Of all the musicals featured in tonight's SacroSet, Hedwig & The Angry Inch is closest to my heart. It's a great companion piece to Rocky Horror with an even better story about an "outsider" longing for acceptance- and you can't get any more "outside" than a gay East German man with mangled genitalia living as a woman in rural Kansas, USA who goes on a quest for rock & roll fame and fullfillment. Come to think of it, Hedwig shares themes with Passing Strange's alienated black "bohemian" from LA finding himself in Amsterdam, Spring Awakening's late 19th Century German teenagers who are, as Wikipedia says, "discovering the inner and outer tumult of sexuality," and the post-college angst of Avenue Q's overeducated/underemployed 20-somethings. I consider myself very lucky to have seen all of these musicals performed live: Hedwig in San Francisco, Passing Strange at its A.C.T. debut in Berkeley, Spring Awakening and Avenue Q Off-Broadway before their Tony winning runs uptown.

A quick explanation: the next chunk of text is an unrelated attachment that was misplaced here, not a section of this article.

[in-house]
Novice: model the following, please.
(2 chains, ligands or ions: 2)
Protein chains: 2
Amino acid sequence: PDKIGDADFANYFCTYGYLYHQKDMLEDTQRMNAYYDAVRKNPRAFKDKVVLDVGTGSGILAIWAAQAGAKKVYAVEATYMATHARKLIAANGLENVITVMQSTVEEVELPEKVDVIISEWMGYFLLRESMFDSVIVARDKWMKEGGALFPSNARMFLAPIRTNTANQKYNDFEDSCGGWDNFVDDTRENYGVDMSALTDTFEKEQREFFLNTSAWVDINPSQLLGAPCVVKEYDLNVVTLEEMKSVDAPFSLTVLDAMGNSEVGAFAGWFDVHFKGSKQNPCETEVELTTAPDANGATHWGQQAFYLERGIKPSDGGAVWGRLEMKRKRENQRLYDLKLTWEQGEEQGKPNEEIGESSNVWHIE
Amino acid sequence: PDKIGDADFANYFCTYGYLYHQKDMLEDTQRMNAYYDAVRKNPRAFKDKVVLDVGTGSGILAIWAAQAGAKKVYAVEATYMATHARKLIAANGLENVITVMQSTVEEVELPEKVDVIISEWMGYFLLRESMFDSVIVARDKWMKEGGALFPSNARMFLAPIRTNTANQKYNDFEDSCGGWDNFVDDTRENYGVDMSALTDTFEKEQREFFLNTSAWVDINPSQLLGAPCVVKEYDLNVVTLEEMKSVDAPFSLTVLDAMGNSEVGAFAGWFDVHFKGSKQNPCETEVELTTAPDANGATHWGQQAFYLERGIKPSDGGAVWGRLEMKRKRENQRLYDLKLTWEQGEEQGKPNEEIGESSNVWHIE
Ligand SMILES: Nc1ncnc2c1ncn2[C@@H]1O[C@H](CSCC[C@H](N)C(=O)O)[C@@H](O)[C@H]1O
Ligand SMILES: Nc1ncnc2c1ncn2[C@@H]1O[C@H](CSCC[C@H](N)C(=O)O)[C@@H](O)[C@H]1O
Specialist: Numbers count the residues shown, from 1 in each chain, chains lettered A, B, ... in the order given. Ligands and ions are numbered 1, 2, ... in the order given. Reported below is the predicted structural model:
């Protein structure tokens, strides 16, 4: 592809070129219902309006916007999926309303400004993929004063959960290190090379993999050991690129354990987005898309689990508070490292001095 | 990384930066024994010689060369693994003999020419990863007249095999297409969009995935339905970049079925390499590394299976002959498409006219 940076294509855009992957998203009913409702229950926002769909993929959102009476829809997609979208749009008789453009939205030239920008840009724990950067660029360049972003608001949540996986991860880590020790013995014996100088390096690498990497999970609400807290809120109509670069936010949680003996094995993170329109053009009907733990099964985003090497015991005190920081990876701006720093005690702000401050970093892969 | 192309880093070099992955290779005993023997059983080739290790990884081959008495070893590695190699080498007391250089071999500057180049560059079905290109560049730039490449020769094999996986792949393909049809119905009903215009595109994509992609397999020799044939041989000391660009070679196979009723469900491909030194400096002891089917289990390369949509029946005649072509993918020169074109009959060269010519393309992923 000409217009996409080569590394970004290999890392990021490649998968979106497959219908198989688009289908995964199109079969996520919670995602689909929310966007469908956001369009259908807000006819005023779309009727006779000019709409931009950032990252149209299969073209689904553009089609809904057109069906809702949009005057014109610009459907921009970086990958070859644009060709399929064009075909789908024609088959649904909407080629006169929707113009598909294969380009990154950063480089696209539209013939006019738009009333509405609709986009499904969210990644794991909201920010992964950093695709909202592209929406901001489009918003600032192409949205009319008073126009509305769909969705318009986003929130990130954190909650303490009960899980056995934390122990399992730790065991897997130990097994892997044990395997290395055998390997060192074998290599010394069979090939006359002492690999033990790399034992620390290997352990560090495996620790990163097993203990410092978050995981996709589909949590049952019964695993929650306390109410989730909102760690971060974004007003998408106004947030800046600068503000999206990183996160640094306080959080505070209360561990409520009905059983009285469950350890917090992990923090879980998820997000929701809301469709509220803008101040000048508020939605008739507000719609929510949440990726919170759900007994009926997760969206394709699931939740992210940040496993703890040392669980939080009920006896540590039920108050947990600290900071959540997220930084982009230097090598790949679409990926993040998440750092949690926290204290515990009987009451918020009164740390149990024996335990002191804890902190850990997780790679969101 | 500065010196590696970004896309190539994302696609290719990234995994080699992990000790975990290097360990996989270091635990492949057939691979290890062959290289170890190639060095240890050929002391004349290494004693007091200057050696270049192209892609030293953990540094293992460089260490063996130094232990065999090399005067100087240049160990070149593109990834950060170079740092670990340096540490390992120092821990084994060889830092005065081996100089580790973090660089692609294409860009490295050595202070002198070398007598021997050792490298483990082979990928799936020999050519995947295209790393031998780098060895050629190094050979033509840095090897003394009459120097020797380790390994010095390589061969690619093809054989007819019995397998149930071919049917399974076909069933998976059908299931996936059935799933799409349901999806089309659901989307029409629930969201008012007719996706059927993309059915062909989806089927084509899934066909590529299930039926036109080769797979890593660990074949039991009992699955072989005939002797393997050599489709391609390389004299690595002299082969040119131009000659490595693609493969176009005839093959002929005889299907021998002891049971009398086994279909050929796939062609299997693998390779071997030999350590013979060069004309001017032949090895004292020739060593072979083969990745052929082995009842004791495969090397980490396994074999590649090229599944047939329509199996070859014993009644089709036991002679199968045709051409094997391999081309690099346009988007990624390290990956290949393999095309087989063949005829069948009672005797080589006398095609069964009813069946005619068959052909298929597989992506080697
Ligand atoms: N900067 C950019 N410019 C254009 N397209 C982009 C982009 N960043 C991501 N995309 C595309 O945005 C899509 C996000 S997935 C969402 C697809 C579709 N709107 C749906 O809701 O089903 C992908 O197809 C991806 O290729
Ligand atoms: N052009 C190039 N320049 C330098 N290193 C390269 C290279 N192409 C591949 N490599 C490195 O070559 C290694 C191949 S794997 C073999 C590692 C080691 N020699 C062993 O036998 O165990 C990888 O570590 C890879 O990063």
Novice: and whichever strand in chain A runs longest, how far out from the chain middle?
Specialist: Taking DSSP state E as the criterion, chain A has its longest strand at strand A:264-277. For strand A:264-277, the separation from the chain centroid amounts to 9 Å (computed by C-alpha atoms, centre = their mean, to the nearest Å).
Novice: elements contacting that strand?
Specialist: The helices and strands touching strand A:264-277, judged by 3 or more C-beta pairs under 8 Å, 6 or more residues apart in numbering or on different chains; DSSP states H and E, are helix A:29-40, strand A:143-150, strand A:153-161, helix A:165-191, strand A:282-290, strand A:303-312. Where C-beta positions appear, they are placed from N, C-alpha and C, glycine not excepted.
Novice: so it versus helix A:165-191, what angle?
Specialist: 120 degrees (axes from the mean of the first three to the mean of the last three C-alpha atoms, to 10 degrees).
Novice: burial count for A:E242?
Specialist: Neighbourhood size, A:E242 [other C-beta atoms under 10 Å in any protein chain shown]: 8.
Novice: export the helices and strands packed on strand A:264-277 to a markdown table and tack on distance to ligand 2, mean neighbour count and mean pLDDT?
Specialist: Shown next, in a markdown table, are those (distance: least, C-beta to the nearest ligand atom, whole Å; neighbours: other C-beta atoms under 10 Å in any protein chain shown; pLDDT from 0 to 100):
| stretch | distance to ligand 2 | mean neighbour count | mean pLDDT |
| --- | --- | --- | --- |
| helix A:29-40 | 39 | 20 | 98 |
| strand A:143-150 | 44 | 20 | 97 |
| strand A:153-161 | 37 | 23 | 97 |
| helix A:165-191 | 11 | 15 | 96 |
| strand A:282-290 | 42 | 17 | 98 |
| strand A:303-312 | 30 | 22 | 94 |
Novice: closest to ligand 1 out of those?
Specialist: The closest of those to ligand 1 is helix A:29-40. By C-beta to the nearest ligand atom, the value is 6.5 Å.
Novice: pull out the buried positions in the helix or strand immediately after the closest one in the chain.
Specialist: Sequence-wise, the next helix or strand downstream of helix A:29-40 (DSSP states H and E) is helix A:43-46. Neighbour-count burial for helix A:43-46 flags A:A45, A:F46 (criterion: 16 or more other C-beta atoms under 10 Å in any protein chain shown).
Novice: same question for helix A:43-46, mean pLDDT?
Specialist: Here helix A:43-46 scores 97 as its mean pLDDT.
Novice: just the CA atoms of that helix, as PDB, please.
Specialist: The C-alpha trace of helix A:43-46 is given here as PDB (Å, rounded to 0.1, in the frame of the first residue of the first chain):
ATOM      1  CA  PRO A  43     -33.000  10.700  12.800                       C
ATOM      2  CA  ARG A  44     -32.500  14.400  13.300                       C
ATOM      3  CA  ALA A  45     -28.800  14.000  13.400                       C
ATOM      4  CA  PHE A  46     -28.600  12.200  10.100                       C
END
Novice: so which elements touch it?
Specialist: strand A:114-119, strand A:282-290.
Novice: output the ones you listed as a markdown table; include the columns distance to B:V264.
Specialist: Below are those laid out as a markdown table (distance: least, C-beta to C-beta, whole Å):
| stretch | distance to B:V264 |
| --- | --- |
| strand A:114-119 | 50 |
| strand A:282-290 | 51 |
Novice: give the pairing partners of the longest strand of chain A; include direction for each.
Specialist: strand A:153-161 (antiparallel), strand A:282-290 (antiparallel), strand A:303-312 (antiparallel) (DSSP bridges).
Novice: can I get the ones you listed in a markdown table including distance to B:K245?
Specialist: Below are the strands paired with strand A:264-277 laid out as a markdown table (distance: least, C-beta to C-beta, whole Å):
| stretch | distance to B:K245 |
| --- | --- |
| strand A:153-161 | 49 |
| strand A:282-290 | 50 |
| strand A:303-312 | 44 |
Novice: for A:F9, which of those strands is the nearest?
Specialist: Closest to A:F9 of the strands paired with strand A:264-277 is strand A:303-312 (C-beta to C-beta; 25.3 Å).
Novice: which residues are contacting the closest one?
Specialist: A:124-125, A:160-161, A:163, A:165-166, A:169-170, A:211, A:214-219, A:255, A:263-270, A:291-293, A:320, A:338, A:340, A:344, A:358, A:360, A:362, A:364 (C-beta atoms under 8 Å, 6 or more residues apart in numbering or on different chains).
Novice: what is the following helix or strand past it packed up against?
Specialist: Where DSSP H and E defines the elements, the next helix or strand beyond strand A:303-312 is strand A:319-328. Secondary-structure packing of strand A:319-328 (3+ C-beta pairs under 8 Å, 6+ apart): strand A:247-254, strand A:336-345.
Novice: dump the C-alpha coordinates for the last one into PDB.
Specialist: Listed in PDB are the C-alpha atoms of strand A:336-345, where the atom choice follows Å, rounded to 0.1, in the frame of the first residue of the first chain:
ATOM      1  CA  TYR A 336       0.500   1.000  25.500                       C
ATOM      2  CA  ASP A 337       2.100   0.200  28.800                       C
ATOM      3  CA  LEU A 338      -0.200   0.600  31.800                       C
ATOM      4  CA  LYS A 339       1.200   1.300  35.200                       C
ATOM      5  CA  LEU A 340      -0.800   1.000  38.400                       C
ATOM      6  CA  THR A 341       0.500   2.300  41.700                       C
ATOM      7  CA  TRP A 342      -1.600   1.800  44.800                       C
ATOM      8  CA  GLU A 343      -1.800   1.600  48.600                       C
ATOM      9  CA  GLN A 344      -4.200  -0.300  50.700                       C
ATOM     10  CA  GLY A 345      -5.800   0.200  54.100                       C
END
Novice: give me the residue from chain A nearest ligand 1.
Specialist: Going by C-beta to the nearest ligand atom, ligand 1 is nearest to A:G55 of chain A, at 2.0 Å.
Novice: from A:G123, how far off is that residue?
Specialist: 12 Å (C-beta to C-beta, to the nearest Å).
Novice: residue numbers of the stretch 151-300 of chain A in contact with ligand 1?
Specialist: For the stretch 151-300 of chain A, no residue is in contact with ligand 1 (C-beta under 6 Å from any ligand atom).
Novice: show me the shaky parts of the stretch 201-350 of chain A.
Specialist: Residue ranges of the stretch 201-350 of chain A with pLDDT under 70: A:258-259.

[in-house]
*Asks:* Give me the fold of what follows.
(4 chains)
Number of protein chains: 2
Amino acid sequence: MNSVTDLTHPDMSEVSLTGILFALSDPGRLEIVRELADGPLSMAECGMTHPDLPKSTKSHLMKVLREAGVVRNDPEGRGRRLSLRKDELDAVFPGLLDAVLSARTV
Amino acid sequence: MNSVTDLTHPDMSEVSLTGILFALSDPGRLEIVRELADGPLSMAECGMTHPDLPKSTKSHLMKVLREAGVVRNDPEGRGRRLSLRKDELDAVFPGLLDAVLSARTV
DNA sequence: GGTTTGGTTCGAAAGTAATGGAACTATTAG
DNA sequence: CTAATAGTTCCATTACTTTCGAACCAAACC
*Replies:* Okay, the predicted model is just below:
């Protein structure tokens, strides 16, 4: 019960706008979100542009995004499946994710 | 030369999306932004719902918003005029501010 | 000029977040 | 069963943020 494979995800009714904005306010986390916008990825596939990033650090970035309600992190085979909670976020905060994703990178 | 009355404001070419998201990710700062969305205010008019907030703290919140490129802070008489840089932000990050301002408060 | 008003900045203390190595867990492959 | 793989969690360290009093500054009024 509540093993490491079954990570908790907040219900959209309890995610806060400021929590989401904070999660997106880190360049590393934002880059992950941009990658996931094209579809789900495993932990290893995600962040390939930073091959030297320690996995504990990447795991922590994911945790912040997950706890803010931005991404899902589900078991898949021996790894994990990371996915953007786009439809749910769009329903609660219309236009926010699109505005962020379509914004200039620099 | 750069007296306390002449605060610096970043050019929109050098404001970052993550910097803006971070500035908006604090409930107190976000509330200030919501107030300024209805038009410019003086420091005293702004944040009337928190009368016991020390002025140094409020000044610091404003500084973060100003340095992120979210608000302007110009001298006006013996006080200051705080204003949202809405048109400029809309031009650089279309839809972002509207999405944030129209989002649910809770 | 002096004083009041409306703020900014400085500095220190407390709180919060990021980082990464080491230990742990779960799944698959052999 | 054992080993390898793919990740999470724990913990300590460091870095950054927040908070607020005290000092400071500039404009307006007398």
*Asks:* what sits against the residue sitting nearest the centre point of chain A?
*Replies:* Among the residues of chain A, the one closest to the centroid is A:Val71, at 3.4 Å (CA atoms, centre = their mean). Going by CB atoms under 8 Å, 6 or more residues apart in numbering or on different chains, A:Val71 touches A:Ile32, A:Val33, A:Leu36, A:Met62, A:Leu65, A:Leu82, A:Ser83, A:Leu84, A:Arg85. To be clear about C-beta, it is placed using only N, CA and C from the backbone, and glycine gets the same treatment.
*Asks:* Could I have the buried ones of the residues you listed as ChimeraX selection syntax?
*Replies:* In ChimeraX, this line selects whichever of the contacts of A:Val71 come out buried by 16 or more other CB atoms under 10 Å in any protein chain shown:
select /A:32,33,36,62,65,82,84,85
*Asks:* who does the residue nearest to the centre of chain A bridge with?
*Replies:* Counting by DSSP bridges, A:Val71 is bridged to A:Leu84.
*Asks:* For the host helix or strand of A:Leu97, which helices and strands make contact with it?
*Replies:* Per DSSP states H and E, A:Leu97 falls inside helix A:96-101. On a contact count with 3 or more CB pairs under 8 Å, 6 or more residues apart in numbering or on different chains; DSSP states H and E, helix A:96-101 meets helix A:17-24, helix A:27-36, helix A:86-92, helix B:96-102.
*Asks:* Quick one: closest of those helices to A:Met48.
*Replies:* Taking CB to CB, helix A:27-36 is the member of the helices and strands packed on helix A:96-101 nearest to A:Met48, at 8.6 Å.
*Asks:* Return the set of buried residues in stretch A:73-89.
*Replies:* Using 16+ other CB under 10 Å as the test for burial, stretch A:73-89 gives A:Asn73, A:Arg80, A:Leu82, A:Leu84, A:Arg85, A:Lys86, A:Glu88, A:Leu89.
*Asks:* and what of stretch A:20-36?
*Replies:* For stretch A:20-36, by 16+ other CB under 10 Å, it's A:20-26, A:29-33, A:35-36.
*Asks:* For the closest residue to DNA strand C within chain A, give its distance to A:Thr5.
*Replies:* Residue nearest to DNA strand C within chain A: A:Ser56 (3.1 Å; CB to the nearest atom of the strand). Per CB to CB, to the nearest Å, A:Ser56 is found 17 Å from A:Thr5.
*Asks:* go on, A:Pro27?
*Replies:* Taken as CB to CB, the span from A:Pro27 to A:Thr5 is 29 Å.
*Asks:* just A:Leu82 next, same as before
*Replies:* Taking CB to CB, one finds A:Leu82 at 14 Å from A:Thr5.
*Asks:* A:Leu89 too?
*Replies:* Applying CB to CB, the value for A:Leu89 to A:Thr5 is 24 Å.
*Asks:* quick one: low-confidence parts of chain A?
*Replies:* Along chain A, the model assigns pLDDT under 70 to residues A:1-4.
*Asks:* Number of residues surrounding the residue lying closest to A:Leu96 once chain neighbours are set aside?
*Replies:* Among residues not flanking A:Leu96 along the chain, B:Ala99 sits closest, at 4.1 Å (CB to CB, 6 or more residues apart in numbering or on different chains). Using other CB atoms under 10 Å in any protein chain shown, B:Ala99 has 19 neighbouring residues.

Turns out I liked musicals all the while, I just hadn't seen the right ones, or they just hadn't been written yet. Songs and stories put together- really what's not to like?

You can download Hour 1 of tonight's show here (right click and "Save Target As"):

1 comment:

  1. Hi Rick - the links seem to be messed up a bit.
    Can't wait to hear the show - great playlist.